I know that Safari isn’t a piece of malware. It’s a nice little browser: very fast, standards-compliant. But let people decide that: tell them about Safari so they can install it and then use it. Don’t distribute it through an automatic update system where it’ll probably won’t benefit Safari at all… users won’t know it’s there and Safari gets a reputation as bundled malware.

It has been argued that IM distributors such as MSN and Yahoo also bundle toolbars, etc. That’s true. But they ask you whether you want to do it during the installation process where you expect new applications to be added. And you give the green light for the toolbars to be installed. With Apple’s Software Update, I certainly do not expect a new piece of software to appear on the computer.

Apple pushes Safari as iTunes Update

CyberNet News reports on Apple pushing Safari 3.1 on Windows as an update to everybody who has iTunes installed. Now fair enough pushing an update to Safari for people who’ve installed it. But to people who haven’t? Steve Jobs said:

How are we going to distribute this? We don’t really talk to these customers, do we? There are over 500,000 downloads of Firefox a day. What are we going to do? Well, it turns out, there are over 1 million downloads of iTunes a day. As a matter of fact, there have been over a half a billion downloads of iTunes to Windows Machines. Over half a billion. And so we know how to reach these customers and we are going to do exactly that.

So I wouldn’t be surprised if we see 500 million copies of Safari for Windows installed soon. Whether anybody will use it and whether this is an ethical thing to do given that Firefox has gained it’s users through word of mouth and actually being a better product is another question.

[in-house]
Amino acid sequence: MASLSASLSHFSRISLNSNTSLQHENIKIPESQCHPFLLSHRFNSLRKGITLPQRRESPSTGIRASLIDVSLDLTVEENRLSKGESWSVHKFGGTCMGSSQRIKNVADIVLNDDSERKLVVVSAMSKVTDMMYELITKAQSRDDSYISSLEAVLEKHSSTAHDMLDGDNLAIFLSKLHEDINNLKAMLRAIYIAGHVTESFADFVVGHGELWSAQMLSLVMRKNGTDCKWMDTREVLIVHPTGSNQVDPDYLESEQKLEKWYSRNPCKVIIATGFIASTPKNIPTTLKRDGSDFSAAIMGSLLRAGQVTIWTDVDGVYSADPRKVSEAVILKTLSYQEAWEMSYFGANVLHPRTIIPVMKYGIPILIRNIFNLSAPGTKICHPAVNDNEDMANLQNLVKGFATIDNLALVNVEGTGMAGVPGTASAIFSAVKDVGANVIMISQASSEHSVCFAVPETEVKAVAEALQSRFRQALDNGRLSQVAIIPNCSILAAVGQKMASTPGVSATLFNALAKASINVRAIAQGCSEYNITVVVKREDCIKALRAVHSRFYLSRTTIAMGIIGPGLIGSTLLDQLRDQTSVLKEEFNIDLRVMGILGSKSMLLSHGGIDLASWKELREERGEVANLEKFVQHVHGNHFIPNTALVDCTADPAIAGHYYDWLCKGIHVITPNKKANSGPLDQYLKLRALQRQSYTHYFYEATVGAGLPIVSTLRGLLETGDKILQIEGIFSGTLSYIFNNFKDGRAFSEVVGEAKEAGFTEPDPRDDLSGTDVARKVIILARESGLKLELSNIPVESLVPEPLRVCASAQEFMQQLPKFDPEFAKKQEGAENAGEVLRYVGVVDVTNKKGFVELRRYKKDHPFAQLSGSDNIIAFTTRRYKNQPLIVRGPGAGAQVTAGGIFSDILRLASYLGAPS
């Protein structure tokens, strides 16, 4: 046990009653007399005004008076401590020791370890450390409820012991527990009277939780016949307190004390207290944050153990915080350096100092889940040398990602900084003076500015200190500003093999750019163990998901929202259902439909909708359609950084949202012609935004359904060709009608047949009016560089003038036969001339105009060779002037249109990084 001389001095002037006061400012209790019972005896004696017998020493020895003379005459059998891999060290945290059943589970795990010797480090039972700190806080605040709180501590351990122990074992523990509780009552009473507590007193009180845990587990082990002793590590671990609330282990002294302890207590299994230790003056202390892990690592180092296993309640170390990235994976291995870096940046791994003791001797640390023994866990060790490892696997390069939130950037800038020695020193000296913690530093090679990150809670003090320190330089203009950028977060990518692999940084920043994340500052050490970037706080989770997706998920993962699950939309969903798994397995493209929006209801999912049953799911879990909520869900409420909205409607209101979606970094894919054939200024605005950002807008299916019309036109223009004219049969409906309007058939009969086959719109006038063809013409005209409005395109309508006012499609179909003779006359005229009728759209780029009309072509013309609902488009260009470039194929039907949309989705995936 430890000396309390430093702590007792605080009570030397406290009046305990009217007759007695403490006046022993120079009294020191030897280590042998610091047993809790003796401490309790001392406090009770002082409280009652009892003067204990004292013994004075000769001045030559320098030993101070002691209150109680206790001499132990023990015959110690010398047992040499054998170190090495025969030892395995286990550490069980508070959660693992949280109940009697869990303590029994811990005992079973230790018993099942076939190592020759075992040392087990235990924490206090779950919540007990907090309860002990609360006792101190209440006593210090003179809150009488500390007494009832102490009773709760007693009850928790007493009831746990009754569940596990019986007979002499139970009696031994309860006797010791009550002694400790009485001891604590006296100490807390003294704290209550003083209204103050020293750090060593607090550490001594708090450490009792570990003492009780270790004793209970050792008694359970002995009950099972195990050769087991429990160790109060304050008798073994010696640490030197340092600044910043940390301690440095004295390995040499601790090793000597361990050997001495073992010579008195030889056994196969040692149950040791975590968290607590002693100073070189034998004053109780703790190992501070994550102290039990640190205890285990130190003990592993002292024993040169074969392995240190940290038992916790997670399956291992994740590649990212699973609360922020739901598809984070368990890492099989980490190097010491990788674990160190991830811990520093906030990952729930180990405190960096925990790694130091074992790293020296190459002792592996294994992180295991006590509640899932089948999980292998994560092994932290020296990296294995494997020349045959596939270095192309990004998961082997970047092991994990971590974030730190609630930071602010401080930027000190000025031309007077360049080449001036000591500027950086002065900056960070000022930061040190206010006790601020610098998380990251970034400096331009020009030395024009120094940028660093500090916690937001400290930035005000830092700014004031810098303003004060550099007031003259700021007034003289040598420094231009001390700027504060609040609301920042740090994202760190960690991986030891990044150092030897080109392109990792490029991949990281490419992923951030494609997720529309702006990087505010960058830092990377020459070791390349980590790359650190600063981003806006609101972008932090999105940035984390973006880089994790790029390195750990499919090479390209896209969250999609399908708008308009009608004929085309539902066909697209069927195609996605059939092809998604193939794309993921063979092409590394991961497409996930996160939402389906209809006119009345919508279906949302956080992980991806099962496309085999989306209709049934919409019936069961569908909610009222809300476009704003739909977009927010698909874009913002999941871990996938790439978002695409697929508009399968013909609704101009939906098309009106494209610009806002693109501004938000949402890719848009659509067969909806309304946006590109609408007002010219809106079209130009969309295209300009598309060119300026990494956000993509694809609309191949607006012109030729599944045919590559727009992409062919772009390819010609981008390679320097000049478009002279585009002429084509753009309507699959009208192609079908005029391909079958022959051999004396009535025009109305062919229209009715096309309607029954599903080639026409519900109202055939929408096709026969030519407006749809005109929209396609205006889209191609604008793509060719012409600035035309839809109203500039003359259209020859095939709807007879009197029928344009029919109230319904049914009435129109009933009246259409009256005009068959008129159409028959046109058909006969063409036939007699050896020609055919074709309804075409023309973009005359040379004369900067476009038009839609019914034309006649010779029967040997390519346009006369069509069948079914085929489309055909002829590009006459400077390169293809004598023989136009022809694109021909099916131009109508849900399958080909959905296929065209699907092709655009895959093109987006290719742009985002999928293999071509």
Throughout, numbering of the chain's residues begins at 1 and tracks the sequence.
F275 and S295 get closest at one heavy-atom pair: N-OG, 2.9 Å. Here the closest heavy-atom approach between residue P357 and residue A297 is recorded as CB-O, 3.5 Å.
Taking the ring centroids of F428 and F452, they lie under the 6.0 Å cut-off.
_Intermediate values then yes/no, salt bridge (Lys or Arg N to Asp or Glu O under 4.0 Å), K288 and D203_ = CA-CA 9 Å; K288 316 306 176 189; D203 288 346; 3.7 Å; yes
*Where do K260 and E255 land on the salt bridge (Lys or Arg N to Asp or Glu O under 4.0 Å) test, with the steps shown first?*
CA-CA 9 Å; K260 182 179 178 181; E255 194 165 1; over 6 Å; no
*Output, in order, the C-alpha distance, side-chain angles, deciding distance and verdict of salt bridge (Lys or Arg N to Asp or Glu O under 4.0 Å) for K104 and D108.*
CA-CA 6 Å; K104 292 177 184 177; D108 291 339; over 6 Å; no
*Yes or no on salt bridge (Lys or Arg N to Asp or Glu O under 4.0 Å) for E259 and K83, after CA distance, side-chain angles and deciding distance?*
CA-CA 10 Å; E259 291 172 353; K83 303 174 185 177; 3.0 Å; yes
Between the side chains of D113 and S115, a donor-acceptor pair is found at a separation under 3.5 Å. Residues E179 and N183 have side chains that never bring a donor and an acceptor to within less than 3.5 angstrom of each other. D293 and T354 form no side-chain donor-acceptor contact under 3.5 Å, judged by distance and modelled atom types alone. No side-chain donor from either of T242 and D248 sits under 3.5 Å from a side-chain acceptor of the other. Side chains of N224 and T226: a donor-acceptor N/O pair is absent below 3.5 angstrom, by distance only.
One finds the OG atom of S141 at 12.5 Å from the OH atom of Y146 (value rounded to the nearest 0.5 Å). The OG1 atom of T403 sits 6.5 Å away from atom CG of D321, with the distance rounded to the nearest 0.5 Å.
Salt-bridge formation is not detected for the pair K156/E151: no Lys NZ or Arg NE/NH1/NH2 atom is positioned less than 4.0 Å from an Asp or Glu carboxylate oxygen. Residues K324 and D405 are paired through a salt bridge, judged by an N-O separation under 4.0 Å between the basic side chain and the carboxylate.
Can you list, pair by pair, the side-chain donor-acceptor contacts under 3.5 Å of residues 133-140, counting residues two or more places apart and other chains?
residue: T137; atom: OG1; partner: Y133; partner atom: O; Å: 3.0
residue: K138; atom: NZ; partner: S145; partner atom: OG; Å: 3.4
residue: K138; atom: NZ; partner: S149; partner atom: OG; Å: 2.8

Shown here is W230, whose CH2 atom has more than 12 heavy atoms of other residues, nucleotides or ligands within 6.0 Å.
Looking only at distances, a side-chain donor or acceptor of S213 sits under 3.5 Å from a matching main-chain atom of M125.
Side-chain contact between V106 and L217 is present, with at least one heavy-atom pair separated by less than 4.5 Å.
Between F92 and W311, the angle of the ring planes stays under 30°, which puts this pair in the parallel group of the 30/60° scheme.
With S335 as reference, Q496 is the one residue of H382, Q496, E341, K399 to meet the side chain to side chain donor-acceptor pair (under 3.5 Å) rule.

Firefox 3 Feature Plan

The Mozilla Wiki has a page of Firefox 3 Requirements. It’s an interesting insight into what we may see in the next version of Firefox.

Just a glance at the document indicates the following features labelled as "mandatory":

  • Improved Addon install, configuration and management.
  • The addition of YaCy to the browser. I’ve never heard of this before but its an open source distributed search engine.
  • Better content handling and plugin support.
  • Better and simpler printing.
  • Improved password/identity manager e.g. OpenID, Microsoft CardSpace
  • Redesign of Security/Privacy UI
  • Replacing the existing proprietary closed-source Talkback application with Google’s open source Airbag.

In the highly desirable priority 2, we have features such as:

With the integration of a serverless and open source search and instant messaging tool, Firefox would be taking a bit of a step away from the philosophy that it just provides a browser and no more. However, if done correctly, it could be a really powerful force to make the web just a bit more democratic.

An instant messaging tool could open up a lot of new possibilities especially with the "social web" and "Web 2.0". We could see all kinds of new applications exploiting the social networks and connections such as "web of trust" and social bookmarking.

Of course, I’m extrapolating a lot from the feature plan, but Firefox 3 could be Flock "done right".